• 83.
    Olofsson, Martin
    et al.
    Linnaeus University, Faculty of Science and Engineering, School of Natural Sciences.
    Del Pino, Victoria
    NECTON Company, Portugal.
    Lamela, Teresa
    NECTON Company, Portugal.
    Bergé, Jean Pascal
    Ifremer Nantes, France.
    Nilsson, Emmelie
    Linnaeus University, Faculty of Science and Engineering, School of Natural Sciences.
    Legrand, Catherine
    Linnaeus University, Faculty of Science and Engineering, School of Natural Sciences.
    Are algal oil yield estimations dependent on seasonal variation?2011In: Algae: The sustainable biomass for the future. Perspectives from the submariner project algae cooperation event Trelleborg, Sweden - September 28-29, 2011 / [ed] Cecilia Torres, Berlin, Germany: s.Pro-sustainable projects GmbH , 2011, p. 44-45Conference paper (Other (popular science, discussion, etc.))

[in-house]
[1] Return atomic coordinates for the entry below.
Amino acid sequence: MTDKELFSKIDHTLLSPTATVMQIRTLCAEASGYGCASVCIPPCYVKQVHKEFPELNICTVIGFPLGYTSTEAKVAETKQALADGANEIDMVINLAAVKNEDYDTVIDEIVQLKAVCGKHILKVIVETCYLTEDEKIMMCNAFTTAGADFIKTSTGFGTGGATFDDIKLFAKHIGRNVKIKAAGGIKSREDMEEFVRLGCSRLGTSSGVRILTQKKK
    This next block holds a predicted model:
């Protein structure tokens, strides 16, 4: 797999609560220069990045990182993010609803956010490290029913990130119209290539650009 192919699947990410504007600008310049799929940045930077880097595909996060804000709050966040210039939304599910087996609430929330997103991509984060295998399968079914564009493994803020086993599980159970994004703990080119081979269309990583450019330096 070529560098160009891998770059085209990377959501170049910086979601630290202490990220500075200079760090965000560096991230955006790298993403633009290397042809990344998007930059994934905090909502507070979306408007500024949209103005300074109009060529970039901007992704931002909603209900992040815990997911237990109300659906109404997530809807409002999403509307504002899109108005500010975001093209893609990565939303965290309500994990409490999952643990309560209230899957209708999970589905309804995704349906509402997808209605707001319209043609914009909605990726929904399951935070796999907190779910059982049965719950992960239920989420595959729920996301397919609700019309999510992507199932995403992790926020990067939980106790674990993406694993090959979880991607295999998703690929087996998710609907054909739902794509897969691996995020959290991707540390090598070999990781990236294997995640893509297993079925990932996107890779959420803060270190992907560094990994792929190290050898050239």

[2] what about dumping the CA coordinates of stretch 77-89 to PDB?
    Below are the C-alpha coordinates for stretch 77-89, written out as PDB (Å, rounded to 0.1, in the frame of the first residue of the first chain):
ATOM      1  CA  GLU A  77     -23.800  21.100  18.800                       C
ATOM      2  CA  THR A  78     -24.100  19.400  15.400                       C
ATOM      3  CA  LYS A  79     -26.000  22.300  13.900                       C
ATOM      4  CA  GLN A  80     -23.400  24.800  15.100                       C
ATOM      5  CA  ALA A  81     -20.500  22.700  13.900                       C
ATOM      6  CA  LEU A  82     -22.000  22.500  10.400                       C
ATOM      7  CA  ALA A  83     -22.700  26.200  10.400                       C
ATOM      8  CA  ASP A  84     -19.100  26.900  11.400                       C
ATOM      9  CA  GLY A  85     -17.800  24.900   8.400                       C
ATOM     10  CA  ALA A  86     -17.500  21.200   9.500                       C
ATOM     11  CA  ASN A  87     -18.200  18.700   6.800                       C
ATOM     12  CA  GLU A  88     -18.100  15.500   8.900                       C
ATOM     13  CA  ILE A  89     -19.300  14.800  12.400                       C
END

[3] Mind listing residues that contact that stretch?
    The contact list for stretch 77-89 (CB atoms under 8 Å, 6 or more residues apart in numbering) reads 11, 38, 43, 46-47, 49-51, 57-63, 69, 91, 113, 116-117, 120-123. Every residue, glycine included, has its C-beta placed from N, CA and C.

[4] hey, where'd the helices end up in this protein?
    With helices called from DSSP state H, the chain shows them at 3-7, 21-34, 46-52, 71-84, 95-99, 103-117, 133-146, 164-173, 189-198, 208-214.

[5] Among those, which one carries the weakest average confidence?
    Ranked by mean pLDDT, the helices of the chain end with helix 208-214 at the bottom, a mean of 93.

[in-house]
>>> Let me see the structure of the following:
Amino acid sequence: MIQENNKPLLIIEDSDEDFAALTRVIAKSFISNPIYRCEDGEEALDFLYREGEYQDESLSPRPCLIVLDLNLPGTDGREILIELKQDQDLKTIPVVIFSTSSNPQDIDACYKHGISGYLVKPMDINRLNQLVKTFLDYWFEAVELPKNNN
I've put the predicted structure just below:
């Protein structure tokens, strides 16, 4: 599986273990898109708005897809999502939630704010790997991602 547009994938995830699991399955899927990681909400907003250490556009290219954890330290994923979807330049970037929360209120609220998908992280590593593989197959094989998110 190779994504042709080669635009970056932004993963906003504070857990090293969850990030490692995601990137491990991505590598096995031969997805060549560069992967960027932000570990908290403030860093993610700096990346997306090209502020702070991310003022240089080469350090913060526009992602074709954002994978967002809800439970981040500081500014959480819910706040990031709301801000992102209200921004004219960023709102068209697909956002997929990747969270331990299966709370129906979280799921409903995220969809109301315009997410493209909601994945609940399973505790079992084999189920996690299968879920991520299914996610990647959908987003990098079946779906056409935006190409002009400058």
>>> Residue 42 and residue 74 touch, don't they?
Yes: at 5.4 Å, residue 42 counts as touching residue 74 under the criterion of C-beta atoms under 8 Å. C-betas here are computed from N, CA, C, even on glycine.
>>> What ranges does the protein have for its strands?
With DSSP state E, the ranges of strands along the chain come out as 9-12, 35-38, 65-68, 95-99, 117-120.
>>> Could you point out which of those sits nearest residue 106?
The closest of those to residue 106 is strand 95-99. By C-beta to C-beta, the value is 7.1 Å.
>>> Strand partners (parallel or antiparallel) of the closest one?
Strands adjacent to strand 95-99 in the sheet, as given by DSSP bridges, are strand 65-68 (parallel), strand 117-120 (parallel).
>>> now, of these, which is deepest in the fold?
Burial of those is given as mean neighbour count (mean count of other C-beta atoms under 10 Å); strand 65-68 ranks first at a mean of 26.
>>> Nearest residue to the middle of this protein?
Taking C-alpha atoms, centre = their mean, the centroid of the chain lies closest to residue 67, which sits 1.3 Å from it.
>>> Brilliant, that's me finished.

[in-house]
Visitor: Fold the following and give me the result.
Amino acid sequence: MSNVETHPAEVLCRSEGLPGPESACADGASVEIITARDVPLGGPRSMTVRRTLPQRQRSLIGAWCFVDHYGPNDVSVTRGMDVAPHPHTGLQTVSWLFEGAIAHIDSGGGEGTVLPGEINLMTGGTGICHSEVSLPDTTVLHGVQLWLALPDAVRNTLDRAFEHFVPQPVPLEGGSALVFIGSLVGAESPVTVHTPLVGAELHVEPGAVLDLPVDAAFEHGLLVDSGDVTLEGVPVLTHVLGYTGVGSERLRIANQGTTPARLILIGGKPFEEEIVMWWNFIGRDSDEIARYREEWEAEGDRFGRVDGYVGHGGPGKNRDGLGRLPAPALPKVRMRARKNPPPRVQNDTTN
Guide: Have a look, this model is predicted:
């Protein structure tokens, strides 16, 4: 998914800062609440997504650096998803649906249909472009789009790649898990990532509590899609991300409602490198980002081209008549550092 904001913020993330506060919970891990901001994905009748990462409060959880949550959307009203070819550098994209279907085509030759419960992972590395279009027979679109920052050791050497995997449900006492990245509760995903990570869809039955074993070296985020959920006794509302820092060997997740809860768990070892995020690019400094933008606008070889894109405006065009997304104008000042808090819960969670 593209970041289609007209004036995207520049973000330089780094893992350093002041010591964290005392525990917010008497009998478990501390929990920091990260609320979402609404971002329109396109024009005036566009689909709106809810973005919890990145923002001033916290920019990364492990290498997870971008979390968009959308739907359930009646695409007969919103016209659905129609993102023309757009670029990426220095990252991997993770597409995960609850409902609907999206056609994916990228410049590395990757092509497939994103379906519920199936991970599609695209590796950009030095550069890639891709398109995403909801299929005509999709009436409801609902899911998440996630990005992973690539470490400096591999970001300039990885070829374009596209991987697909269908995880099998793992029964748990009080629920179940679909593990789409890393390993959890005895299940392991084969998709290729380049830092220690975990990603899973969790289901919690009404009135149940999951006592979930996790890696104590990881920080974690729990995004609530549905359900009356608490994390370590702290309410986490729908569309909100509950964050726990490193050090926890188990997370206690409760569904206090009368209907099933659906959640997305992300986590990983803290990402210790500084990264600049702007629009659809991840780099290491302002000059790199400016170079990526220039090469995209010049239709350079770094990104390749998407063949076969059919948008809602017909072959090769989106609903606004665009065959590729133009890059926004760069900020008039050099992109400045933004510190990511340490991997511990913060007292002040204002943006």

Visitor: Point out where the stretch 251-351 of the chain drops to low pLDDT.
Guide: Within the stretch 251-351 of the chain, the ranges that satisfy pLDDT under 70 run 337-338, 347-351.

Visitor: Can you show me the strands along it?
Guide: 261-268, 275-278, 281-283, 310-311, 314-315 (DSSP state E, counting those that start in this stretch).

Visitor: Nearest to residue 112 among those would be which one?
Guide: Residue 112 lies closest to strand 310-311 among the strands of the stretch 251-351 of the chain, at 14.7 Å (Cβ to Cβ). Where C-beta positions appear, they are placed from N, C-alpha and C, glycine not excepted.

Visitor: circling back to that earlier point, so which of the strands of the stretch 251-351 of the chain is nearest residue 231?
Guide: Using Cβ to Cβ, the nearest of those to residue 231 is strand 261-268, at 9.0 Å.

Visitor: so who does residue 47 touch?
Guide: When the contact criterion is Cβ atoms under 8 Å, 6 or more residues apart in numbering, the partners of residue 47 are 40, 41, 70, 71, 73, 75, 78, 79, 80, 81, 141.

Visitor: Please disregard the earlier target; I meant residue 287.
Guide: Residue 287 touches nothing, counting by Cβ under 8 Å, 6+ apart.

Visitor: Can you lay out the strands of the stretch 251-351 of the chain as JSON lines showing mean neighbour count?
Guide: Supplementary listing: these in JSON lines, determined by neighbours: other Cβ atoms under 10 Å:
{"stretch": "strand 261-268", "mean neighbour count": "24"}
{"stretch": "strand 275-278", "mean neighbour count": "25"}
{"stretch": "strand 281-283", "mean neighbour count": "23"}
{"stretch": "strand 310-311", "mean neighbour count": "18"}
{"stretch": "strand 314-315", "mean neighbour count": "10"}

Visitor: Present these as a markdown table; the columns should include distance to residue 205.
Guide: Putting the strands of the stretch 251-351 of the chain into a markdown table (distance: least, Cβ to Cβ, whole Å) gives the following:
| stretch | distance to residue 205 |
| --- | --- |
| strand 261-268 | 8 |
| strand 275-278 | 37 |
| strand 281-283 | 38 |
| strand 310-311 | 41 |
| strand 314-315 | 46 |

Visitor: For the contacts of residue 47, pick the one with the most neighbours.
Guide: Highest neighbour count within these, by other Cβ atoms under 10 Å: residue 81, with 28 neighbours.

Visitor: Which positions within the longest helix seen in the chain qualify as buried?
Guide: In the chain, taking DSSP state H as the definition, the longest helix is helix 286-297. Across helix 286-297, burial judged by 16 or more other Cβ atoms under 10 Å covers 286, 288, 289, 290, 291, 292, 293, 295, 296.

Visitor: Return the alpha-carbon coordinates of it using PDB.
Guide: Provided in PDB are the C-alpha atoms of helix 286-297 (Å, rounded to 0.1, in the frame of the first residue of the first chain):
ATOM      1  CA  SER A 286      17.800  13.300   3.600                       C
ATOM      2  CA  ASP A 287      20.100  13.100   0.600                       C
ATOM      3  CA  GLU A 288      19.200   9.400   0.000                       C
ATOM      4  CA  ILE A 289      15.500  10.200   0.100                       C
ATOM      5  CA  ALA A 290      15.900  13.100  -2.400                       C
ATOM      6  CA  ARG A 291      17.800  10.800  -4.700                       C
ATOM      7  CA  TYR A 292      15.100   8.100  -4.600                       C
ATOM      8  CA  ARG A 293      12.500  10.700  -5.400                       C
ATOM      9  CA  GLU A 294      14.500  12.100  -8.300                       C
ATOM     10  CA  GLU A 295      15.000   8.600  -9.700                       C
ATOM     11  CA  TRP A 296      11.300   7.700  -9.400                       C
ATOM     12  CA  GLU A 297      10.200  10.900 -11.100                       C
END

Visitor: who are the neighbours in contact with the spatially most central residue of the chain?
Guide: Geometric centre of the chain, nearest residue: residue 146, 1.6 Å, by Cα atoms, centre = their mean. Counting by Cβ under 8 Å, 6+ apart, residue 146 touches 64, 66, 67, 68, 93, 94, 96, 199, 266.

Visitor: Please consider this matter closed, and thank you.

• 84.
    Olofsson, Martin
    et al.
    Linnaeus University, Faculty of Science and Engineering, School of Natural Sciences.
    Lamela, Teresa
    Nilsson, Emmelie
    Linnaeus University, Faculty of Science and Engineering, School of Natural Sciences.
    Bergé, Jean Pascal
    del Pino, Victória
    Uronen, Pauliina
    Legrand, Catherine
    Linnaeus University, Faculty of Science and Engineering, School of Natural Sciences.
    Seasonal variation of lipids and fatty acids of the microalgae Nannochloropsis oculata grown in outdoor large-scale photobioreactors2012In: Energies, ISSN 1996-1073, E-ISSN 1996-1073, Vol. 5, no 5, p. 1577-1592Article in journal (Refereed)